Deal Registration

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Deal Registration is a form of compensation as an incentive for previous issues common in the technology industry where a channel partner selling a technology product from a supplier is able to register their sales opportunity with the supplier to earn incentives exclusively available to the registrant.[1] This approach addresses the problem of asymmetrical sales cost in complex product sales, where sales cycles can take 60–180 days to complete.[why?]

Principles[edit]

In these kinds of complex sales cycles, a partner may develop, demonstrate the value and technical fit, and create an integration plan for a solution for a customer at significant expense, only to have the customer shop the solution around to other partners for a better price. In this case, the partners who are solicited to bid on the project by the customer have a low cost of sales because the originating partner has a high cost of sales due to the time spent developing the proposal. As a result, the partners who are solicited to bid tend to have a cost advantage over the partner who created the customer demand and solution.[2]

Over time, this has resulted in disinvestment by channel partners in developing new customer opportunities in lieu of waiting for bid proposals from customers for opportunities created by other partners. This disinvestment creates a drop in revenue for the technology supplier who relies on these channels for demand generation.

In deal registration, the originating partner registers the customer opportunity early in the sales process; typically early enough that they are the only partner aware of the opportunity, due to their role in creating it, and late enough to determine that the deal is potentially valid. Once the sale closes, regardless of which channel partner the customer chooses to purchase from, the supplier pays the originating partner an incentive payment for creating the deal. This effectively rewards the creation partners at a higher rate than the fulfillment partners, creating a virtuous cycle of opportunity creation by making the act of waiting for deals to come in a lower profit activity than creating opportunities.[2]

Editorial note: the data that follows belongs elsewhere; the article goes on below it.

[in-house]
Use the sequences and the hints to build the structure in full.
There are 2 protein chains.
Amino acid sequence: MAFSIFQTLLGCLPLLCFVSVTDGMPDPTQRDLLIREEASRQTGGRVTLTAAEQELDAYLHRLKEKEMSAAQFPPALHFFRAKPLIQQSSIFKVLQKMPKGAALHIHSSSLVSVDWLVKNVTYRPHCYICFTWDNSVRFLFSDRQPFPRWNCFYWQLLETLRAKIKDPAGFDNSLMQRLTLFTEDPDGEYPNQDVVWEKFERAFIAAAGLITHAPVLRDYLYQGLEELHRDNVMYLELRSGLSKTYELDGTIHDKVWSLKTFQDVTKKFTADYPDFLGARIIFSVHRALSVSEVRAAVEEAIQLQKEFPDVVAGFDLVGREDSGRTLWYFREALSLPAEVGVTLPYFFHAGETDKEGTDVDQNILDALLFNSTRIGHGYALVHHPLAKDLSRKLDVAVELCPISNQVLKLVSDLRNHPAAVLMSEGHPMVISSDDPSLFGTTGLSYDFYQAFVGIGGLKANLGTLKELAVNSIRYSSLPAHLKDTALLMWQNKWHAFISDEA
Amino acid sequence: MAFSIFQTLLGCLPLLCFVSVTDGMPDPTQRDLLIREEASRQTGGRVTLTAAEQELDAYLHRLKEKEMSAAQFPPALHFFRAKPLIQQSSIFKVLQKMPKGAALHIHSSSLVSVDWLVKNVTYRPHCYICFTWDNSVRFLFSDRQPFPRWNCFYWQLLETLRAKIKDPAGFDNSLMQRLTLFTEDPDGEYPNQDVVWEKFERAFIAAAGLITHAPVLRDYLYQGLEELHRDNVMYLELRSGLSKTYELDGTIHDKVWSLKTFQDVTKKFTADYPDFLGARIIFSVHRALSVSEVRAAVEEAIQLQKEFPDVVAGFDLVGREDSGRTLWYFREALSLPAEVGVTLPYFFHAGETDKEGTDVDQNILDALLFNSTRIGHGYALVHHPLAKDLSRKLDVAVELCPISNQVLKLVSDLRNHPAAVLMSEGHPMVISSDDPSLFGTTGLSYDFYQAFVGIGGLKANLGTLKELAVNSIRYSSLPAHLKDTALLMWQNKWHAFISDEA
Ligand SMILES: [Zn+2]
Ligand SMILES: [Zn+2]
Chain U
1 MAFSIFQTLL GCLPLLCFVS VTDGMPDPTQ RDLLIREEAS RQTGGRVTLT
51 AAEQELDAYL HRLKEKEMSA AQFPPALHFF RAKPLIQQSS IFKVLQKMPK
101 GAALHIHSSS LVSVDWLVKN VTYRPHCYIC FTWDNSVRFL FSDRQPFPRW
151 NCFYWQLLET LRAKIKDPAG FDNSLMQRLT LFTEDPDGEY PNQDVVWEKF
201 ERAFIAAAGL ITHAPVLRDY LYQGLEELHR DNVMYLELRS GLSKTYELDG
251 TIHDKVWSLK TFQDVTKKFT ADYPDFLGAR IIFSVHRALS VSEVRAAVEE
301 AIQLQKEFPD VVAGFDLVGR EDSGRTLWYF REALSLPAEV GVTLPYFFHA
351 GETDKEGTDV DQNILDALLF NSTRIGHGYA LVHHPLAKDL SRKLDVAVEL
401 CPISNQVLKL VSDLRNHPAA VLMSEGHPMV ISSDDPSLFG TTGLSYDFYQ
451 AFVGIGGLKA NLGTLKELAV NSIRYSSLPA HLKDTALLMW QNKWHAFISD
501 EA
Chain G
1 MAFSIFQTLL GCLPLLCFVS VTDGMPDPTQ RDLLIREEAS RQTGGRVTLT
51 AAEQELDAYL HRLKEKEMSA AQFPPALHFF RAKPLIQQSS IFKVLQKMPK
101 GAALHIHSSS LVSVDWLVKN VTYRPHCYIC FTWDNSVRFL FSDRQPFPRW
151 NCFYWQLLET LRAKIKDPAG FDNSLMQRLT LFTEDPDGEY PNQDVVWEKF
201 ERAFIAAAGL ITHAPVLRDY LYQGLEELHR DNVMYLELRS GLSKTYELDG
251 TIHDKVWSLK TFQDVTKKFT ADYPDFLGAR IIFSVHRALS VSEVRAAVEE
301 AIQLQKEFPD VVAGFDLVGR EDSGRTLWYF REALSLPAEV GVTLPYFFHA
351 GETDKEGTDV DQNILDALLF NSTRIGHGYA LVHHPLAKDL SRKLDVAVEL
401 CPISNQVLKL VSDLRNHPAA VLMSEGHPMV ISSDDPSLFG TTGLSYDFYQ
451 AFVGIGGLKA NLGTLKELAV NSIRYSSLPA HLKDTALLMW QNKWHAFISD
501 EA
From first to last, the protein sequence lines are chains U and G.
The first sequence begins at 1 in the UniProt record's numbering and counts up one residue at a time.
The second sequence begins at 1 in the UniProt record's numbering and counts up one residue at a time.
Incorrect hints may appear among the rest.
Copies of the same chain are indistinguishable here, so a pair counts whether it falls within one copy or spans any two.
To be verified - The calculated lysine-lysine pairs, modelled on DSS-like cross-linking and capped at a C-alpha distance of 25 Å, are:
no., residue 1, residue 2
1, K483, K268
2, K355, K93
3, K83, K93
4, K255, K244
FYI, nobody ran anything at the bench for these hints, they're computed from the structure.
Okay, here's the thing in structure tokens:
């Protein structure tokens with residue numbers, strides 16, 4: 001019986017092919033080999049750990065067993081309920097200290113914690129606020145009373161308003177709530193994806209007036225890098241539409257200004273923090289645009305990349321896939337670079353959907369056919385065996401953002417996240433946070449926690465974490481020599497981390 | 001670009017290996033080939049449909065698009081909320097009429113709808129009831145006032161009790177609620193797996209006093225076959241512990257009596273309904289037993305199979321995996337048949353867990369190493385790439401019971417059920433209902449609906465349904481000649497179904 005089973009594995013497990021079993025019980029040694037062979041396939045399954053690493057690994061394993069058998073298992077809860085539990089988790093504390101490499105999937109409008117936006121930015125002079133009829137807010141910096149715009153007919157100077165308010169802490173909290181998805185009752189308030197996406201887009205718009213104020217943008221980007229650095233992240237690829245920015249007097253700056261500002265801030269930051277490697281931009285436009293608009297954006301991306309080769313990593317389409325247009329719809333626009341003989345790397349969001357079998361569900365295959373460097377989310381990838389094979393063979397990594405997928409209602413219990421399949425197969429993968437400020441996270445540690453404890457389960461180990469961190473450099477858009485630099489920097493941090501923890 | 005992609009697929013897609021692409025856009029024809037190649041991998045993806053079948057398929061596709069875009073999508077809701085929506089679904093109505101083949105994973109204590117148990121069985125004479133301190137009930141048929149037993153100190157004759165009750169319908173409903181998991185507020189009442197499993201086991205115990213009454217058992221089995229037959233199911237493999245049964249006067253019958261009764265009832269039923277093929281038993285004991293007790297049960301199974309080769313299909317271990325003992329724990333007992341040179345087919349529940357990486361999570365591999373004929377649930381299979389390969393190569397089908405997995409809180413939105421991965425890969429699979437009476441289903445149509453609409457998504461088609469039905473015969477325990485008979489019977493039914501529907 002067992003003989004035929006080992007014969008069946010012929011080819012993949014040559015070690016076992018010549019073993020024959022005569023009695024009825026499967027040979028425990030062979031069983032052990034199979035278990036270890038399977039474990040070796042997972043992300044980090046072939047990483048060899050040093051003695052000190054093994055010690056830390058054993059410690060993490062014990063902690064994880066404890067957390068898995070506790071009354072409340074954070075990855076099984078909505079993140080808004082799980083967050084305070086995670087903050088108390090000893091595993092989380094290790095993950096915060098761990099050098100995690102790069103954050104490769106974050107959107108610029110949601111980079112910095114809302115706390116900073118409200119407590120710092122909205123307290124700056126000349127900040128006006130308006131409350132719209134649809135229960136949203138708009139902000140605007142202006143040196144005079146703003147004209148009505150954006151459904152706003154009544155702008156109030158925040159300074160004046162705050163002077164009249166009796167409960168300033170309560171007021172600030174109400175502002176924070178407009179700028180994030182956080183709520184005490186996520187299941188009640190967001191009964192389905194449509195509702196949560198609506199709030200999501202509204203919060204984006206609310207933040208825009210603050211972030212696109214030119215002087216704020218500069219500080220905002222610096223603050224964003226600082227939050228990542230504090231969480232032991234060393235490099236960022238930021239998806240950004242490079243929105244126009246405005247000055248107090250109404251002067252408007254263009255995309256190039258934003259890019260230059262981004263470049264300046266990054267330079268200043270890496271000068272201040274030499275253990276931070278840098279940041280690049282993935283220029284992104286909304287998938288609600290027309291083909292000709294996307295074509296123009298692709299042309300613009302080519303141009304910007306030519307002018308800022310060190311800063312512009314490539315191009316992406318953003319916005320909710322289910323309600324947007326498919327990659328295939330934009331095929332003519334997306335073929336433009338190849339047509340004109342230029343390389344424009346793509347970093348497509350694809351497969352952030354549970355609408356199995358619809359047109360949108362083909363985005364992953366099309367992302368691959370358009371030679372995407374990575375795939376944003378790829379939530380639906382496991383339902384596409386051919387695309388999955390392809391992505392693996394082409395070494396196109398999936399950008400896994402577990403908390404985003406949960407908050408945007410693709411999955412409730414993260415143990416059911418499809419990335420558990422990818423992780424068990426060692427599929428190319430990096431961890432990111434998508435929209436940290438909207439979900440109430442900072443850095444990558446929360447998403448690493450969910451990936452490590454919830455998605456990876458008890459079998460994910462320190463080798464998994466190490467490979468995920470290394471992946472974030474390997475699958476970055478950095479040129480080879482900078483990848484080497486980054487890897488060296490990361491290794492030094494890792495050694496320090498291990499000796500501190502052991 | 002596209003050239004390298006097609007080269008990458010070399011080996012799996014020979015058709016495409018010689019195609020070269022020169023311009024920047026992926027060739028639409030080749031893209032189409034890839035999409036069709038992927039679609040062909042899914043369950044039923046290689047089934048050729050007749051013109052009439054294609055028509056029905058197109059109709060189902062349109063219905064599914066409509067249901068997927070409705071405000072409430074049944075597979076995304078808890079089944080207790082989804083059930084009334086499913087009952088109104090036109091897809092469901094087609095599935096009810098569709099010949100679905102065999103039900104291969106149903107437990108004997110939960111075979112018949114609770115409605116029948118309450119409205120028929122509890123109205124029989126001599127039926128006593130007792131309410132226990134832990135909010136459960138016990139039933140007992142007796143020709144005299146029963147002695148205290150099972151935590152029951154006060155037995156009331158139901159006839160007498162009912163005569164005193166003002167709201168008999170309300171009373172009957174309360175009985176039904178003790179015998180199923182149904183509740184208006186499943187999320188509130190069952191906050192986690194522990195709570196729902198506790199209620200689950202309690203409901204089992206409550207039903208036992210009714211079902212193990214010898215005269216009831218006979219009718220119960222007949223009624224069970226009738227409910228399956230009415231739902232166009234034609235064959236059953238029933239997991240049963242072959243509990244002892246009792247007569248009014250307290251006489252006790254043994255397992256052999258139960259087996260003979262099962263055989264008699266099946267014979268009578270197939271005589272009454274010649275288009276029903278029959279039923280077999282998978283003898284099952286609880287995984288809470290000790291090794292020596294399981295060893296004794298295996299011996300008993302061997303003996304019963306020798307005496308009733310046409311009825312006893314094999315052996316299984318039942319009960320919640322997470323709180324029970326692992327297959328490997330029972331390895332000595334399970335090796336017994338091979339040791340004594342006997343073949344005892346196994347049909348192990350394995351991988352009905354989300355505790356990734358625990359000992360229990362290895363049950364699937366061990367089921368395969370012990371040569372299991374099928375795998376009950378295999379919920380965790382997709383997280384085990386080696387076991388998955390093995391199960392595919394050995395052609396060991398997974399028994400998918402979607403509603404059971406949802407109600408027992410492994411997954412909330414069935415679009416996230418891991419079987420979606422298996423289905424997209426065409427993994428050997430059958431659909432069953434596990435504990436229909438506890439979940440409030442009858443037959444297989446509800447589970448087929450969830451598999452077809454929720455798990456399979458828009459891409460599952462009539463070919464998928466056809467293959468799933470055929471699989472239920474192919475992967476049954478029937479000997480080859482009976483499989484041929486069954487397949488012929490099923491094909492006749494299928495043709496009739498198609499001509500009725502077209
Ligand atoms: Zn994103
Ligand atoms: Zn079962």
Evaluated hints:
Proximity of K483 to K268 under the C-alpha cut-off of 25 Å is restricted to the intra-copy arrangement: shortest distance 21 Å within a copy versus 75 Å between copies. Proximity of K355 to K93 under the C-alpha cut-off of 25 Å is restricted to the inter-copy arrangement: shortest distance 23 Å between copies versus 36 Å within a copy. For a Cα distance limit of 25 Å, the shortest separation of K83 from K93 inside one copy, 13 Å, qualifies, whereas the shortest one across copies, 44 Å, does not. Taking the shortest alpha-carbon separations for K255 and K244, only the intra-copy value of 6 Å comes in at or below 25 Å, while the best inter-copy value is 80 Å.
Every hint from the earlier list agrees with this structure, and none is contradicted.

Program elements[edit]

Many deal registration programs exist with varying features, but generally, the programs contain registration requirements to determine that the opportunity is both significant and likely. This is accomplished by requiring information from the registering partner on customer identity, budget, the customer contact title and authority, a defined need for the product and other information.[3] Requiring this level of detail helps restrict partners' ability to register every customer in their market in order lock up the market. Second, most deal registration programs have time requirements - for example, that the opportunity be registered at least 45 days prior to its closing. This process ensures that the orders that are customer-originated, such as reorders for additional products, are not subject to the same incentives while orders that are created by the channel partners are still eligible.[4] Typically, rules exist regarding deal size, both on minimum and maximum order size; this ensures that the cost of administration relative to the value of the incentive is reasonable, as well as capping the maximum amount of payout.

Administration[edit]

Many vendors who adopt deal registration programs use a third party company to administer or provide technology solutions to enable the quick adoption of the program.[5][6] These solutions are typically integrated into a full partner relationship management application, or exist as a web front-end to the vendors' customer relationship management (CRM) system.

Origin[edit]

Deal Registration has been around since at least the 1980s, and possibly earlier. At that time, it was a common practice to reduce conflict in the OEM component market for hard drives, tape drives, and similar technology. The goal of the program was to allow partners to register deals to award an advantage to the partner who contributed the most value add in the sales cycle, vs. other partner-competitors or the manufacturer's own direct sales representatives. Since introduction, deal registration has become a standard feature of partner programs and vendors who do not offer a variant of deal registration are rare.

Criticism[edit]

Critics of deal registration argue that many partners poach and troll vendor deal registration programs, and those who do so do not deserve the best pricing on merit for registering in the program first. Another downside is that manufacturer sales representatives may favor one partner over another, and accordingly award registration. Both of these instances go against the spirit of the program, which is to award the partner who found the lead, developed the opportunity, added the most value to the sale process for the customer, and can then get the project adopted by a manufacturer.

References[edit]

  1. "What is deal registration? - Definition from TWhatIs.com". Searchitchannel.techtarget.com. Retrieved 2013-04-18.
  2. 2.0 2.1 "Why Every Company Needs Deal Registration And Partner Certification Programs?". Street articles.com. Retrieved 2013-04-18.
  3. ""The Channels Connection" Newsletter: Secrets of Successful Deal Registration Programs". Imakenews.com. 2005-01-11. Retrieved 2013-04-18.
  4. http://channelfocus.baptie.com/cfs-filesystemfile.ashx/__key/CommunityServer.Components.PostAttachments/00.00.00.02.79/Best_5F00_Practices_5F00_in_5F00_Deal_5F00_Registration.pdf
  5. Jessica Davis (2007-12-05). "Dell Picks Salesforce.com PRM Platform - News news from". Channel Insider. Retrieved 2013-04-18.
  6. Jessica Davis (2008-06-05). "Boosting Revenue While Reducing Channel Conflict - Microsoft news from". Channel Insider. Retrieved 2013-04-18.


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